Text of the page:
The devastating drought across southeast Texas killed thousands of trees. Now, insects such as the Southern Pine Beetle are invading the already stressed and weakened trees.
"It's so sad," said Mary Ann Limmer, a park patron. "It hurts your heart."
Bright orange numbers mark plenty of dead trees in a west Houston neighborhood park. They will soon be cut down and removed. The pine trees could have survived the drought, but they could not survive the Southern Pine Beetle.
"Once the Southern Pine Beetle attacks the pine trees, there's no hope. They will die," said Joe Blanton the Arboretum Conservation Director.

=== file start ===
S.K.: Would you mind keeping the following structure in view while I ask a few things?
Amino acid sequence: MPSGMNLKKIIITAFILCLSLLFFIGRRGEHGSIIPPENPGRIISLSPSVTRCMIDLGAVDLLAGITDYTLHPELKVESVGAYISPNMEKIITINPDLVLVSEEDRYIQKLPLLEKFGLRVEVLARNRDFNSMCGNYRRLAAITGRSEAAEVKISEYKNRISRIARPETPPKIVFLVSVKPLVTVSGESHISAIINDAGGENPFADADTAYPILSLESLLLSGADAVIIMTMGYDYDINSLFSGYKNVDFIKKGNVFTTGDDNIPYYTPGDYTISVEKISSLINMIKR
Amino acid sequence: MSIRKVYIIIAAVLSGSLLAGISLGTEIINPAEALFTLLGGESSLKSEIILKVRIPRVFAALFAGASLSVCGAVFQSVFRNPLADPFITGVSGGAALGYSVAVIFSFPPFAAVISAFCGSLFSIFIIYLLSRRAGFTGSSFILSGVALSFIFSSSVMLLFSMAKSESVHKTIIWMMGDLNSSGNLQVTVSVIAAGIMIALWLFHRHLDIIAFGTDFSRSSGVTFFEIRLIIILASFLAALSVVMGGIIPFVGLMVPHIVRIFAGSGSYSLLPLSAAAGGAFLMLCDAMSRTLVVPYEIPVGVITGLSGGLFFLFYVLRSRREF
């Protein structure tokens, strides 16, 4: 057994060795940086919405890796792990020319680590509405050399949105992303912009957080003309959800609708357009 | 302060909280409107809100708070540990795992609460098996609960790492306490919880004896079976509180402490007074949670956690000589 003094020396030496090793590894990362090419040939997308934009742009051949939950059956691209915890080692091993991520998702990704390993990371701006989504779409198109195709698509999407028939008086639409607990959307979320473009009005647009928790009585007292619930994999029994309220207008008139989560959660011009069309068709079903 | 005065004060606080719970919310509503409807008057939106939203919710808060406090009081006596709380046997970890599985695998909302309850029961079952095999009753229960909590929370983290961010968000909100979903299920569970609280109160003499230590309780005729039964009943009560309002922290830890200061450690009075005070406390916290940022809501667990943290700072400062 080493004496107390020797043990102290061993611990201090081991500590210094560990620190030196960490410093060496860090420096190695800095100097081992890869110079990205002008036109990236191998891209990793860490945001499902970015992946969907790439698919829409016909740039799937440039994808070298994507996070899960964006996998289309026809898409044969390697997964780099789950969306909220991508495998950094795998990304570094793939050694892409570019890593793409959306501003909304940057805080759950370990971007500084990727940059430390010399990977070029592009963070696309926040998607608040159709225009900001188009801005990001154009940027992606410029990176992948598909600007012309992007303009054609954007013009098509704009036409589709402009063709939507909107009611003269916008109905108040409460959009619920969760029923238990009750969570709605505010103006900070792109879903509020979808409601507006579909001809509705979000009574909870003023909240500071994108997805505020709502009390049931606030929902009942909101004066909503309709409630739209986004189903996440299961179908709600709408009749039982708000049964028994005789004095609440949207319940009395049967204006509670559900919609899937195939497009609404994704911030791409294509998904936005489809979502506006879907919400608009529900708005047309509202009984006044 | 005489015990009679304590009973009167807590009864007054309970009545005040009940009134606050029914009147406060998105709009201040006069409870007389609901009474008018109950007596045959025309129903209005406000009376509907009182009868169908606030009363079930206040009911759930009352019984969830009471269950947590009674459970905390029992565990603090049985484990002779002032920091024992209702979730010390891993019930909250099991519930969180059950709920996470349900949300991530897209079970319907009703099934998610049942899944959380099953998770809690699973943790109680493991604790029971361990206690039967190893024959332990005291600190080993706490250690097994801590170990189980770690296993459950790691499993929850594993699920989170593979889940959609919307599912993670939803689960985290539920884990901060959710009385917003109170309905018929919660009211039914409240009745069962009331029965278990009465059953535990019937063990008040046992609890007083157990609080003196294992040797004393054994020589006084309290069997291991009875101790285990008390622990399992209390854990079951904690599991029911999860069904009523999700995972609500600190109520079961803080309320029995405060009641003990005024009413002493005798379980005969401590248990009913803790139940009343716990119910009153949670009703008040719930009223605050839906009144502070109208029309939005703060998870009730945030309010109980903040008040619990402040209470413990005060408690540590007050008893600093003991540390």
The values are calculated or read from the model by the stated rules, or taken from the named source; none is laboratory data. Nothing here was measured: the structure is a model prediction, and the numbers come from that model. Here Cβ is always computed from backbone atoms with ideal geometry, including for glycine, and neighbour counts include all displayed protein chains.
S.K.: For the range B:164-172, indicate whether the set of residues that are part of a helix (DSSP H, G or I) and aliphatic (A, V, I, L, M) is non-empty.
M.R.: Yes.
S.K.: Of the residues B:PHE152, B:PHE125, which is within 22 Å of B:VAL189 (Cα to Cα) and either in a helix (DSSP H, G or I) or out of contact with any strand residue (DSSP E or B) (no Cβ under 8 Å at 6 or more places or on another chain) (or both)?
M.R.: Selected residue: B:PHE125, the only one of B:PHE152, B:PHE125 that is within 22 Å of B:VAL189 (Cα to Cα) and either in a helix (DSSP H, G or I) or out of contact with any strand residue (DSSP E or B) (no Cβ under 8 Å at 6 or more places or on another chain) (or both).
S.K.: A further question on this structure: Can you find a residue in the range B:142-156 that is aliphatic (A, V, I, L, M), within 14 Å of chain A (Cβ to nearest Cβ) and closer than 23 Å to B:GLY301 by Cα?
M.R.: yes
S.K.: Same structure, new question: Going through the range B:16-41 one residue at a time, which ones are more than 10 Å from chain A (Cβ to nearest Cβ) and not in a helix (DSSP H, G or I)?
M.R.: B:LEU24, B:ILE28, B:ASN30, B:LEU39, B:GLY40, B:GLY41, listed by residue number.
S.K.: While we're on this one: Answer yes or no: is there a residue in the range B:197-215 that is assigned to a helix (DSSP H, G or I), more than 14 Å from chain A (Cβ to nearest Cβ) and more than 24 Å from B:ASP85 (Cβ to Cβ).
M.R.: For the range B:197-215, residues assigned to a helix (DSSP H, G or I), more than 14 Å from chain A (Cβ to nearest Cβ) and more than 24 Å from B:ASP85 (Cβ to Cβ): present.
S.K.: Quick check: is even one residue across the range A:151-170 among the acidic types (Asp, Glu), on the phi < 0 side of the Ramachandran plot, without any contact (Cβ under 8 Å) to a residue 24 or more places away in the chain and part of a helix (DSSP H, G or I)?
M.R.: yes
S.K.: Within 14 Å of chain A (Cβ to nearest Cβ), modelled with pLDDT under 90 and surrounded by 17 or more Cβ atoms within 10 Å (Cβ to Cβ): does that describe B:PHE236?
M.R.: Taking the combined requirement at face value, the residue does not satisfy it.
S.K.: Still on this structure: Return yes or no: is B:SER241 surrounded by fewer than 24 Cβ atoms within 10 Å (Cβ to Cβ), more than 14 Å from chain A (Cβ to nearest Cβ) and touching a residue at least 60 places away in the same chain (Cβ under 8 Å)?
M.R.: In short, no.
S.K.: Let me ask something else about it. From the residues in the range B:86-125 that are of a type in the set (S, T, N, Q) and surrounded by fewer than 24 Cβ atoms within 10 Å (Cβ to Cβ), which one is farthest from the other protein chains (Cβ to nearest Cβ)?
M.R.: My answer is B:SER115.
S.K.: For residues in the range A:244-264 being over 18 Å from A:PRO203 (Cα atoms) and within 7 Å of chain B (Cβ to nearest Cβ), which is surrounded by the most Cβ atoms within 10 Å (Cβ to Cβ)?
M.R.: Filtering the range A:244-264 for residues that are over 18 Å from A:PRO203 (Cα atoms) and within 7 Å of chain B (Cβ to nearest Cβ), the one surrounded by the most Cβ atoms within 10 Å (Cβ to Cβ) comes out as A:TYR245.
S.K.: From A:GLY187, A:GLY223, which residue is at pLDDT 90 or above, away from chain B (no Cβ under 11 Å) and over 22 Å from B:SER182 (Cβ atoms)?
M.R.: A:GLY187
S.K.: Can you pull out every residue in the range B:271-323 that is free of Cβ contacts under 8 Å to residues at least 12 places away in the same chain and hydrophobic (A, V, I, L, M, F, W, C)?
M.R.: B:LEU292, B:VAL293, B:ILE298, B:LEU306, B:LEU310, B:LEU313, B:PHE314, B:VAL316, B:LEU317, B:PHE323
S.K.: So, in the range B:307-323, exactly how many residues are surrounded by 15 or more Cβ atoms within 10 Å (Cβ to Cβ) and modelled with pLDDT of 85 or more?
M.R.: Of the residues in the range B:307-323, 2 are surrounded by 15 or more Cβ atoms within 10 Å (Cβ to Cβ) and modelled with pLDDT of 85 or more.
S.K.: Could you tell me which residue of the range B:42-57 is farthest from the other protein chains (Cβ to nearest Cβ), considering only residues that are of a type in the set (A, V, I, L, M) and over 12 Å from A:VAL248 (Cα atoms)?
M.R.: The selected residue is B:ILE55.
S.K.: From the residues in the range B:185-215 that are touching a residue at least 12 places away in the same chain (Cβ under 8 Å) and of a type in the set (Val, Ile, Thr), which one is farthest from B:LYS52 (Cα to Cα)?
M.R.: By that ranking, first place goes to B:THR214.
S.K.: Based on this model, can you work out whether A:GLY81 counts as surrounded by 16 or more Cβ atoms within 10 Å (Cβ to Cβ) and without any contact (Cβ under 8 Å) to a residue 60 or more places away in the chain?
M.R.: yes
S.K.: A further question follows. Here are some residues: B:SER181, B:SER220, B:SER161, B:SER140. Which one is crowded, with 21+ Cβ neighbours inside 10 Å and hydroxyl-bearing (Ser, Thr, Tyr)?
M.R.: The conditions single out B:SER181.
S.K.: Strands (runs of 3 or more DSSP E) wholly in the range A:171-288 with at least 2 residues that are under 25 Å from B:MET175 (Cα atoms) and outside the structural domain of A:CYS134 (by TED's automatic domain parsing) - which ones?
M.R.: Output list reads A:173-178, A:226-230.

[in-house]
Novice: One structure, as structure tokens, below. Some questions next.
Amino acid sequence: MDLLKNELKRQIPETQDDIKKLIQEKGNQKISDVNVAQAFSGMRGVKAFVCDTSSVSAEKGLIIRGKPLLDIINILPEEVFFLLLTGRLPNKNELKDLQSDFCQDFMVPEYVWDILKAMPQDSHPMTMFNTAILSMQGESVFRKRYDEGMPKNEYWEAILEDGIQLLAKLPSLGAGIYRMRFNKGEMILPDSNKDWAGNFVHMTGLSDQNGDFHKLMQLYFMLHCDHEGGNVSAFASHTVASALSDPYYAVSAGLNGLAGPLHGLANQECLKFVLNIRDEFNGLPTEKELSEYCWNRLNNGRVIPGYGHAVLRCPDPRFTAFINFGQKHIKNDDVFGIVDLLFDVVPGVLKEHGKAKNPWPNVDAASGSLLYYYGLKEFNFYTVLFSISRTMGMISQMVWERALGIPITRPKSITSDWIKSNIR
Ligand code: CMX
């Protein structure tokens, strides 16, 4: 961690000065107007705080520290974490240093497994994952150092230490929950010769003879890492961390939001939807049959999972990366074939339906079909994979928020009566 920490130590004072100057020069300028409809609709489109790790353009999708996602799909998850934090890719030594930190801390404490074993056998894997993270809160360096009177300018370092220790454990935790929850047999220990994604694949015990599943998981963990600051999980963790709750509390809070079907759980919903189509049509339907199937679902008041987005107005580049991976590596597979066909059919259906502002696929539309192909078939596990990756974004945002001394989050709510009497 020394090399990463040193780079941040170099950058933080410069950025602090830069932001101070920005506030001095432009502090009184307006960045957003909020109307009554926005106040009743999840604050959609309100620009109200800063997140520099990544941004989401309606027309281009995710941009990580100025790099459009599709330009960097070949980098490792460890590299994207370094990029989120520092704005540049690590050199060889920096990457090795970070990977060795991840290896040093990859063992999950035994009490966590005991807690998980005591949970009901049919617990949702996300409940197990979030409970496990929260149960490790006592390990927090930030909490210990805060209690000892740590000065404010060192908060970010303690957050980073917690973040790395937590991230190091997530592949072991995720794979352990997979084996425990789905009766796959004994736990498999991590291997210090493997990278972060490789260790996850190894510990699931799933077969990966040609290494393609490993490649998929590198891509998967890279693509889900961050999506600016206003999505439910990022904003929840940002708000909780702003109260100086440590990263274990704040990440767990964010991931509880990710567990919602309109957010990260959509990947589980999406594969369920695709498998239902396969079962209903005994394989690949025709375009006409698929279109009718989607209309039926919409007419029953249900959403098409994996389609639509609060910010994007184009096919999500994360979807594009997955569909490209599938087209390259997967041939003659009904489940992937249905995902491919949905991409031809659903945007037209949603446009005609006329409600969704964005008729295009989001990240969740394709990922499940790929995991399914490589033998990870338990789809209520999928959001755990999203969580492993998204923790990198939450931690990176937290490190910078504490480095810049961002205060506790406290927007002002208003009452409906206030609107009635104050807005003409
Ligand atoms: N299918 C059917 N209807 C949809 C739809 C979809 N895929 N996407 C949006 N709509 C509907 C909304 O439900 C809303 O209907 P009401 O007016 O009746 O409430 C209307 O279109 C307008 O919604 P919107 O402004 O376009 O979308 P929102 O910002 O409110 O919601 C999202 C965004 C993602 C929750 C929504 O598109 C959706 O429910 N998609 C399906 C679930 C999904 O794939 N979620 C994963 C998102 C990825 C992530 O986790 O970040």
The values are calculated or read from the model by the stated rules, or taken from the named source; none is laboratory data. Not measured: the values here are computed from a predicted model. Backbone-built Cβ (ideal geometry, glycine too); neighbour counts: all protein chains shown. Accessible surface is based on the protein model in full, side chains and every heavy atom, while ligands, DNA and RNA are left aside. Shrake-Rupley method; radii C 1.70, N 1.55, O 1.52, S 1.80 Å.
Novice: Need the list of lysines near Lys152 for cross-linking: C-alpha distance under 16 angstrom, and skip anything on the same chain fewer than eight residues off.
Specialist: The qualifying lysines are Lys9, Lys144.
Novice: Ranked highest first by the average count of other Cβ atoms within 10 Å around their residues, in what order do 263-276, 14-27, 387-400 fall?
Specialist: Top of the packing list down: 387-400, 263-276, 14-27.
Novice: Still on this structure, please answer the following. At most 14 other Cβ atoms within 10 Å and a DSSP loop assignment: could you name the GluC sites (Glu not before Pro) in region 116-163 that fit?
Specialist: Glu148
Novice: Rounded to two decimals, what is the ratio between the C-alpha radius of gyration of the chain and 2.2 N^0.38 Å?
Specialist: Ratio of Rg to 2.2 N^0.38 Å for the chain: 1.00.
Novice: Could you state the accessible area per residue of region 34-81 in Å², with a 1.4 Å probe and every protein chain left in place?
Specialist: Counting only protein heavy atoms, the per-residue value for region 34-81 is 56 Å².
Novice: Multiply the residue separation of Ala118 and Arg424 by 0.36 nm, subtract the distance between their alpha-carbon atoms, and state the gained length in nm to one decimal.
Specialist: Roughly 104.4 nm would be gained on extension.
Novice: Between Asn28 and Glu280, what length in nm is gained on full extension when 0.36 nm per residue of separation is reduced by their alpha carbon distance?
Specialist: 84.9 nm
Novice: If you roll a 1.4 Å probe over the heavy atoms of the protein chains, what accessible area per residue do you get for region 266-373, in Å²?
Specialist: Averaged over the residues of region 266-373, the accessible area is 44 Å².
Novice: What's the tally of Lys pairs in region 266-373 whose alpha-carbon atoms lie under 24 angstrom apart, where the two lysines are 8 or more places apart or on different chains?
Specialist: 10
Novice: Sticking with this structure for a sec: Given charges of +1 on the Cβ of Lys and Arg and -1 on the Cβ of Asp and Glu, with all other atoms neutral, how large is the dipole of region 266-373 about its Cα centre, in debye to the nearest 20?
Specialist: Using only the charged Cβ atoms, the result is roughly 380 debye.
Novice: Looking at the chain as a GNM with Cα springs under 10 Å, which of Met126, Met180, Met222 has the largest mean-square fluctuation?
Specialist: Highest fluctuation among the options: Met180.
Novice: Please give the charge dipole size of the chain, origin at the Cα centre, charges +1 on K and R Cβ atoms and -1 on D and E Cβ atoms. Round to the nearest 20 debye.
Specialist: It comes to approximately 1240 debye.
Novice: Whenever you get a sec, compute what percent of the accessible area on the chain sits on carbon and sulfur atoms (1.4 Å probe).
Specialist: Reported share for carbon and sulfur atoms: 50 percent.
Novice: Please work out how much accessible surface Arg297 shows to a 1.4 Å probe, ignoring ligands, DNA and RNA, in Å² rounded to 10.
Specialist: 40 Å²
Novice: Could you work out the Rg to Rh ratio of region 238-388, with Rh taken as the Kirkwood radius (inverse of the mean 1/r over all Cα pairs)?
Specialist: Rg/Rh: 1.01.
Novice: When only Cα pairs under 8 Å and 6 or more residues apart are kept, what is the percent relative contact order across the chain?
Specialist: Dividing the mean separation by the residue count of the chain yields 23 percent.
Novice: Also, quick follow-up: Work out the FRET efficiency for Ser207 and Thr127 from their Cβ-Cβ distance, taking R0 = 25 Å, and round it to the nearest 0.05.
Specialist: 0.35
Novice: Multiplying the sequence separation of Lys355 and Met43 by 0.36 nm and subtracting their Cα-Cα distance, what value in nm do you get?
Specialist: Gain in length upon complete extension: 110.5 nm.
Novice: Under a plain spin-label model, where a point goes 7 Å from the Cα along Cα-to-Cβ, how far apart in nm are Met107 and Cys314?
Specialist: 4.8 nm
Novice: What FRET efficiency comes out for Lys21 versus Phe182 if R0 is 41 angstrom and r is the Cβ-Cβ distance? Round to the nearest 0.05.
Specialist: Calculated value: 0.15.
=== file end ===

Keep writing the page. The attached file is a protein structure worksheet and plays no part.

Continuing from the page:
At Memorial Park, an unbelievable amount of trees are now dead because of the drought. Three thousand trees have already died. Orange X marks show the trees that did not survive and will soon be removed.
The drought did the most damage, killing most of the dead trees at the park. Those that were left were a much easier target for insects.
"We're only removing a thousand trees that pose a hazard to our 5-mile trail," Blanton said. "We're leaving the others to fall on their own."
In the summer, southeast Texas was in an exceptional drought, the very worst category. The recent rain during the past few months has helped the area. Southeast Texas is now in a moderate to severe drought.